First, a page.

Handheld 3D Printer Delivers Skin-Precursor Sheets Directly to Full-Thickness Burns

By Will Boggs MD

February 05, 2020

NEW YORK (Reuters Health) - A new handheld 3D printer can be used to deliver skin-precursor sheets directly to wound beds and improve healing in full-thickness burns, according to a preclinical study in a porcine model.

"The ability to consistently deliver (human) cells in a matrix and onto practically relevant wound surfaces, i.e., of arbitrary size and topology, has been a significant limitation that we believe has been overcome with our handheld instrument," Dr. Alex Guenther of the University of Toronto, in Canada, told Reuters Health by email.

Large burn areas often leave insufficient healthy skin to use as autologous skin grafts. Acellular biodegradable scaffolds have been used as alternatives, and different cellular approaches using patient-derived autologous or donor-derived allogeneic cells are under development.

Dr. Guenther and colleagues developed a handheld 3D bioprinter designed to deliver a fibrinogen-based bioink containing mesenchymal stromal cells directly onto burn-wound surfaces of arbitrary size, shape and topography.

A burn area of 2,000 cm2 (similar to an average burn area of the human posterior trunk or about 10% of total body surface) would require about 40 mL of biomaterial with 40 million cells in total, with a deposition time of 70 minutes, the researchers report in Biofabrication.

The time required to cover a full-thickness burn wound size of 5x5 cm took an average of 0.89 min, using 480 uL of biomaterials with a total of 480,000 cells.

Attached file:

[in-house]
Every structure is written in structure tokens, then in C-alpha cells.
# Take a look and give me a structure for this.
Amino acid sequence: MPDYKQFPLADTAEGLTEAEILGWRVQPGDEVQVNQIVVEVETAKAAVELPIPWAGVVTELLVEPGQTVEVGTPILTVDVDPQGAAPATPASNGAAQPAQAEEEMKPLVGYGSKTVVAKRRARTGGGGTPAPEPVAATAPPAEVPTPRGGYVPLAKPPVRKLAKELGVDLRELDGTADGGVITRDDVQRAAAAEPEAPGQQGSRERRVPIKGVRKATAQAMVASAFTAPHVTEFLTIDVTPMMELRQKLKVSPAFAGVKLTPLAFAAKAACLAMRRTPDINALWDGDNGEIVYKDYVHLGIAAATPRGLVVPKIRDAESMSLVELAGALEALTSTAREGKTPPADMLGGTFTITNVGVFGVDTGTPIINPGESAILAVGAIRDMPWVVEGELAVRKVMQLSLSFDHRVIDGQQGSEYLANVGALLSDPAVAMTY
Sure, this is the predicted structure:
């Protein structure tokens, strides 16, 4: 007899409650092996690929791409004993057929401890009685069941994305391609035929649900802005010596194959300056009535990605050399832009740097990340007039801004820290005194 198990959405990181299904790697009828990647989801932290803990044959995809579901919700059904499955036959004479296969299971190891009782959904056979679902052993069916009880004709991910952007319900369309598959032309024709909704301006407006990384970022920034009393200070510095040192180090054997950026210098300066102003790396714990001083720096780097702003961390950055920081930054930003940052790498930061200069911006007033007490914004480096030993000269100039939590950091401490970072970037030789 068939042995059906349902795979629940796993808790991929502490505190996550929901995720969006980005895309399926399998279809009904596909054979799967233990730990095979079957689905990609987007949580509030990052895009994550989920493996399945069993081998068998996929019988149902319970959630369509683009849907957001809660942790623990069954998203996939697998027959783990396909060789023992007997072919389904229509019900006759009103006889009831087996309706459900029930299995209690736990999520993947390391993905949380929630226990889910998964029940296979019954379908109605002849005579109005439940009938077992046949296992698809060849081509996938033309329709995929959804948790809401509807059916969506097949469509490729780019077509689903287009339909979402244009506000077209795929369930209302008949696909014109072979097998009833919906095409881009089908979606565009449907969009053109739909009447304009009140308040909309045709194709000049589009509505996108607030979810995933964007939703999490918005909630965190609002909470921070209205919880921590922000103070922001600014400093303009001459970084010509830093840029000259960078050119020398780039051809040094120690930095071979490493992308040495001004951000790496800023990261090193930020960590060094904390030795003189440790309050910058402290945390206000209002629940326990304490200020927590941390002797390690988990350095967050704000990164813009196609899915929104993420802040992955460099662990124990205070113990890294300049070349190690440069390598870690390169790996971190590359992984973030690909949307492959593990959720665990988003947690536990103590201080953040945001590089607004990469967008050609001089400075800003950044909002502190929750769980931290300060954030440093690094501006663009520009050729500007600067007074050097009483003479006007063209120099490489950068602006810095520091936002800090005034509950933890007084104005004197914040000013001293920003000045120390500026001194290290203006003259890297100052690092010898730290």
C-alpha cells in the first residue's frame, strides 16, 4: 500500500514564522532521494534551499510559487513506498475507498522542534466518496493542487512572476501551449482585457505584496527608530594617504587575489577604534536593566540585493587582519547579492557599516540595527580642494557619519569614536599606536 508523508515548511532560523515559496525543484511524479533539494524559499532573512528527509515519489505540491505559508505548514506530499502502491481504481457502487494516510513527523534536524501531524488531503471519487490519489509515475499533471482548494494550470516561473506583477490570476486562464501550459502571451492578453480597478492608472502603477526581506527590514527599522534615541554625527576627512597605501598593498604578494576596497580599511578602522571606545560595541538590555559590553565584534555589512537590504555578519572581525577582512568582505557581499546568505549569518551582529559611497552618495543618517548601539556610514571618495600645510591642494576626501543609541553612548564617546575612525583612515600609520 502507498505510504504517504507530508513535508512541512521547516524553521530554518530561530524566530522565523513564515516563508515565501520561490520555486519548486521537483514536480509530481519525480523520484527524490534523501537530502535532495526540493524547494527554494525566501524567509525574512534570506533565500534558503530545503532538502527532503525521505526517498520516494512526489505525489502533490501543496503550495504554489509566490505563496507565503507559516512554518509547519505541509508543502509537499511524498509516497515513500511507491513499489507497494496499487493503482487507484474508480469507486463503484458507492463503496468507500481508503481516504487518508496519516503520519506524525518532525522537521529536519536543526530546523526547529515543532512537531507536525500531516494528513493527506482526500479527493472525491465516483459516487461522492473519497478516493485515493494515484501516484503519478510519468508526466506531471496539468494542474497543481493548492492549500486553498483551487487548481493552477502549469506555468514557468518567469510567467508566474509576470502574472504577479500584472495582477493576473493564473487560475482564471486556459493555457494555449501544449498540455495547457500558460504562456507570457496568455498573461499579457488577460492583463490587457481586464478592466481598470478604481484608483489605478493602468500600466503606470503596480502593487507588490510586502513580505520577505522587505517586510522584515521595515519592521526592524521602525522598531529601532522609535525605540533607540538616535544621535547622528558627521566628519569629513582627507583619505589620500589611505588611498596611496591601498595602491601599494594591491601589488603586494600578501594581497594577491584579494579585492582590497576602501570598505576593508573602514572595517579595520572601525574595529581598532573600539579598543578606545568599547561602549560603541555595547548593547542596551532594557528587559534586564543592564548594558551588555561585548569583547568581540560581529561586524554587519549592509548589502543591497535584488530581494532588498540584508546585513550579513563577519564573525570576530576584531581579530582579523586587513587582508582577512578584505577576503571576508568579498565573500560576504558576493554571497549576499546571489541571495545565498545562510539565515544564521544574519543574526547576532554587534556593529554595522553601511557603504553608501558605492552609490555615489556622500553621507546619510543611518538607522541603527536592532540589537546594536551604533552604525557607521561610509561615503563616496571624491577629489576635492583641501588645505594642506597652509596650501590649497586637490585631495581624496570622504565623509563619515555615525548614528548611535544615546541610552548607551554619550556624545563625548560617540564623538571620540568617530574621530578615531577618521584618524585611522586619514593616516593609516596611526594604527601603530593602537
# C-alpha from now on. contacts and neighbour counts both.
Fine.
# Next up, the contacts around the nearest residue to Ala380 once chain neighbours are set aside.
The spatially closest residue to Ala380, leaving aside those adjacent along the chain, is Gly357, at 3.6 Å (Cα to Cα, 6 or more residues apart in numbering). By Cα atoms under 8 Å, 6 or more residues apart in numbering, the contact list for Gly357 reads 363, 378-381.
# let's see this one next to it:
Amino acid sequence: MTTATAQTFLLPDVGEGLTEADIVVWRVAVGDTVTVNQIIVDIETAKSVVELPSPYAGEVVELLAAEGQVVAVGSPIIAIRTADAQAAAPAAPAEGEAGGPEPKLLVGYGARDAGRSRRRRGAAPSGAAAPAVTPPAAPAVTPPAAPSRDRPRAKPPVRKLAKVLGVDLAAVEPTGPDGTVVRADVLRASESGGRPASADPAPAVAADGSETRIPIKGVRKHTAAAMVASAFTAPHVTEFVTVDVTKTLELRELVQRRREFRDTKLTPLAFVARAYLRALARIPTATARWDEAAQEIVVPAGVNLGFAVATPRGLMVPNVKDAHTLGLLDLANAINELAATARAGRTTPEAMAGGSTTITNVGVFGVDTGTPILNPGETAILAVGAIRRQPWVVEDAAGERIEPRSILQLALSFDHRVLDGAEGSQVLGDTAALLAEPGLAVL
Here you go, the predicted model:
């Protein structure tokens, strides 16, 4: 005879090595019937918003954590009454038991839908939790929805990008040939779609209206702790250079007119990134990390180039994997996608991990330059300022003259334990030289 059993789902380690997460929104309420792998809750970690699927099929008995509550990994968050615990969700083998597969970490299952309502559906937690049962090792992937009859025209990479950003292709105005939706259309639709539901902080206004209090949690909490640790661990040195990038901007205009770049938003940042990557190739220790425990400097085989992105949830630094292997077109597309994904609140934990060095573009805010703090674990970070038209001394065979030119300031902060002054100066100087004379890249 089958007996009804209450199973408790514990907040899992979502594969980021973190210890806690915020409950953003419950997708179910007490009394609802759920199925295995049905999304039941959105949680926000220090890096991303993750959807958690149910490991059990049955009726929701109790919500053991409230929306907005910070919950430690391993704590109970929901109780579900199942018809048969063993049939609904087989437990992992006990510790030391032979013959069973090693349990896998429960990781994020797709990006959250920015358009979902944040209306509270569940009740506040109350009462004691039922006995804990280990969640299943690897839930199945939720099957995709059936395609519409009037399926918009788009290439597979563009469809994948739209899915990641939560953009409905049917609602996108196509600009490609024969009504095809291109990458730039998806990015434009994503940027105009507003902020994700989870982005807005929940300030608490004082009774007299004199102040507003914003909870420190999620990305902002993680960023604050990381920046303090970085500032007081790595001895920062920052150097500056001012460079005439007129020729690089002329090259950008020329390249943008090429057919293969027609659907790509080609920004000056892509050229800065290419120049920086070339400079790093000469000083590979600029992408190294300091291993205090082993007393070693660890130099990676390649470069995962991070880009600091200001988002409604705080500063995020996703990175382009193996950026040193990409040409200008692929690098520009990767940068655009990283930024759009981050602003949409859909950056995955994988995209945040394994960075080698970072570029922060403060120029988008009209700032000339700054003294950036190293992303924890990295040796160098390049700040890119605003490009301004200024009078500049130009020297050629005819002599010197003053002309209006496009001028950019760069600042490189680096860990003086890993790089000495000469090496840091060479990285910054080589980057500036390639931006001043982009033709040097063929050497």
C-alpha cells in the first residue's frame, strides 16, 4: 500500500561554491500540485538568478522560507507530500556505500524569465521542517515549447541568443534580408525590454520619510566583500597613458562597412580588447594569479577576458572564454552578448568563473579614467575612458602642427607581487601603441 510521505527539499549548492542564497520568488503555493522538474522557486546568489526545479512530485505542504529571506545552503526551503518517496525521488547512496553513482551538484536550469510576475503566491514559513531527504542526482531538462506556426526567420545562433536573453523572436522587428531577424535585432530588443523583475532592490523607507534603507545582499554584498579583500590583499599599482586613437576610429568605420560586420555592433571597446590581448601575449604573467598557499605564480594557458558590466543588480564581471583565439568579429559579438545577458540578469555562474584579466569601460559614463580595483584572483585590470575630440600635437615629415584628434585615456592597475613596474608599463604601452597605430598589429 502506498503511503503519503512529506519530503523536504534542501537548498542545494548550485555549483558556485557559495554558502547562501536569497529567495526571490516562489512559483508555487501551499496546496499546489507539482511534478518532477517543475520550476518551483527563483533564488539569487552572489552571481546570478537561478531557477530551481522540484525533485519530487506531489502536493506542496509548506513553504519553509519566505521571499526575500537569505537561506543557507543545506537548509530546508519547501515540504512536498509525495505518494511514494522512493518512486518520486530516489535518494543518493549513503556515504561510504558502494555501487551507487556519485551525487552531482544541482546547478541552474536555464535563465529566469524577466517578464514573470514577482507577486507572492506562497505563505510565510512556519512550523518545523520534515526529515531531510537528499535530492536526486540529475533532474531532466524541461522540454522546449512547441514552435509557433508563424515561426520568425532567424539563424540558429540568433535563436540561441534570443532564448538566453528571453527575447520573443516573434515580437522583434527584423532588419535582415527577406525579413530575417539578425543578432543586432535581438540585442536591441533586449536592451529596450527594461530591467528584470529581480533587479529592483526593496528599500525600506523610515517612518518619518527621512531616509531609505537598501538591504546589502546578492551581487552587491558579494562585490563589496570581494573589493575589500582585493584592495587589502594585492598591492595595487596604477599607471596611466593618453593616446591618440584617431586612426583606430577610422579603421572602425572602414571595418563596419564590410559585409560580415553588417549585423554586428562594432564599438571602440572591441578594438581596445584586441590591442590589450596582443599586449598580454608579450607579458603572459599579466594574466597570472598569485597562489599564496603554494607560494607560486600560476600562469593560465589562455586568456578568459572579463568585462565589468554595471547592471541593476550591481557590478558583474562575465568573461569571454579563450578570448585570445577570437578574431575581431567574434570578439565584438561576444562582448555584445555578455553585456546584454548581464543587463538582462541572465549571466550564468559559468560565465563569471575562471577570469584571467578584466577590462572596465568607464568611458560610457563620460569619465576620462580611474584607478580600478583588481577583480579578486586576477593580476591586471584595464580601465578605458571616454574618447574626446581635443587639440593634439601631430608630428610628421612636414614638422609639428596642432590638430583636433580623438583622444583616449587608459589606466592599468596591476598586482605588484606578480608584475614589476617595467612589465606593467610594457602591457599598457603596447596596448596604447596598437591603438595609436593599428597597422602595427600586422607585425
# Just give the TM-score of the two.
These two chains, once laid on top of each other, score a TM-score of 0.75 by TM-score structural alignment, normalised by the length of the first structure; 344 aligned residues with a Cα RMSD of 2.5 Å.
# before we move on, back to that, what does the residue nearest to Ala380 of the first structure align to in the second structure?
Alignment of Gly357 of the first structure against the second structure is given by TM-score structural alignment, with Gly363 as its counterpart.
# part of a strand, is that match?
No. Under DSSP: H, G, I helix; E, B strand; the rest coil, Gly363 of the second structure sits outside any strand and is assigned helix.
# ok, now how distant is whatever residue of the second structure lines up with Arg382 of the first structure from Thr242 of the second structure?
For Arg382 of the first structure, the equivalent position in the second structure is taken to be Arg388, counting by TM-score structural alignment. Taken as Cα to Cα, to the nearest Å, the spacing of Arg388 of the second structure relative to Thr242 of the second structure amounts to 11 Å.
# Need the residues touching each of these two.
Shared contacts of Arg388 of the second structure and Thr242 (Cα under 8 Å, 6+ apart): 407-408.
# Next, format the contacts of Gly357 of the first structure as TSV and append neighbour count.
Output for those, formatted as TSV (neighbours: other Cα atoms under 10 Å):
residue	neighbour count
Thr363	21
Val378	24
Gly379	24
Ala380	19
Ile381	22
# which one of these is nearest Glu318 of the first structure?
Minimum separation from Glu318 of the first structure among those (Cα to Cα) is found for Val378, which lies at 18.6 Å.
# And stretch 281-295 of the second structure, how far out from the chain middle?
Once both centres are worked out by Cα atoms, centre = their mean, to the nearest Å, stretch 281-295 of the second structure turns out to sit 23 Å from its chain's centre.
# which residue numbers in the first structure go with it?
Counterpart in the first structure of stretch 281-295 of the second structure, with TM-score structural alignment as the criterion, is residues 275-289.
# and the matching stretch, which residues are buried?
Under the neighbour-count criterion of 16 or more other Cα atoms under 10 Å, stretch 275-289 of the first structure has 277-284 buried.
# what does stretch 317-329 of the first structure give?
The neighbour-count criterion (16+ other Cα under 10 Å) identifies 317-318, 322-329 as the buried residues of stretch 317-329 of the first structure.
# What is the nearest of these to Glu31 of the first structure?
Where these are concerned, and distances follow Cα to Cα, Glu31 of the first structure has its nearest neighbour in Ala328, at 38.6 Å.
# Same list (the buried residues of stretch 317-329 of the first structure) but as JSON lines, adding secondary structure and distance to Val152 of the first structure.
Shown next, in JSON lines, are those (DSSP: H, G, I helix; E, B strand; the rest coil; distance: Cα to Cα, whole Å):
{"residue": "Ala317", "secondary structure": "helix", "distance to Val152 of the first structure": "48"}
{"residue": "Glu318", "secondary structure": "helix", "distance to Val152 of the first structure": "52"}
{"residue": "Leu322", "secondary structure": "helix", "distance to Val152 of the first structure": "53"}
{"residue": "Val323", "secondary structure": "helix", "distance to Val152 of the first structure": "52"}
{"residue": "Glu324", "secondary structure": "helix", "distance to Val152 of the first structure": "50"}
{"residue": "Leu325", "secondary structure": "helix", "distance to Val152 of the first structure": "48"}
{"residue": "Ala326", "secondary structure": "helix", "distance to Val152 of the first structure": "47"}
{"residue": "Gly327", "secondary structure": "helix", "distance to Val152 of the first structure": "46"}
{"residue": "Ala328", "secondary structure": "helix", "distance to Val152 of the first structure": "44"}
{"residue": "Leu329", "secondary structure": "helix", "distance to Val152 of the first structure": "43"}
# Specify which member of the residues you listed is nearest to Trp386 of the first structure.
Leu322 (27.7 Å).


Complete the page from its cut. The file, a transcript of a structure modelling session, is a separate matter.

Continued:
The researchers treated full-thickness burn wounds on four porcine models using the handheld instrument and found that the wounds were uniformly covered with the deposited material immediately after delivery.

After 28 days, the treated wounds showed superior healing profiles with a reduction in inflammation, scarring, and contraction, compared with untreated burns and burns treated with acellular materials.

Histologically, treated wounds showed epidermal cell repopulation in normal ranges, whereas burn controls and acellular treatments showed regions with poor cell repopulation in addition to localized areas with hyperplasia or hypoplasia.

"Cell delivery of bioprinting should in many clinical cases probably not be done with a printer that is scaled to patient dimensions," Dr. Guenther said. "That would make for a very bulky instrument. In contrast, we believe the demonstrated handheld device is advantageous. Also, because its form is similar to another handheld instrument routinely used by burn surgeons for many decades: a dermatome."

Co-author Dr. Marc G. Jeschke of Sunnybrook Health Sciences Centre, also in Toronto, told Reuters Health by email, "This could change the way we practice for burn patients and patients with large wounds as we could restore a patients skin with no scar, no pain as we avoid donor sites and a significantly shortened hospital stay from months to weeks."

"We have not shown that printing can restore autologous skin of a patient yet," he said. "The issue at this time is showing efficacy, but this is being studied."

The researchers report no conflicts of interest. SOURCE: https://bit.ly/2H4UsQZ Biofabrication, online February 4, 2020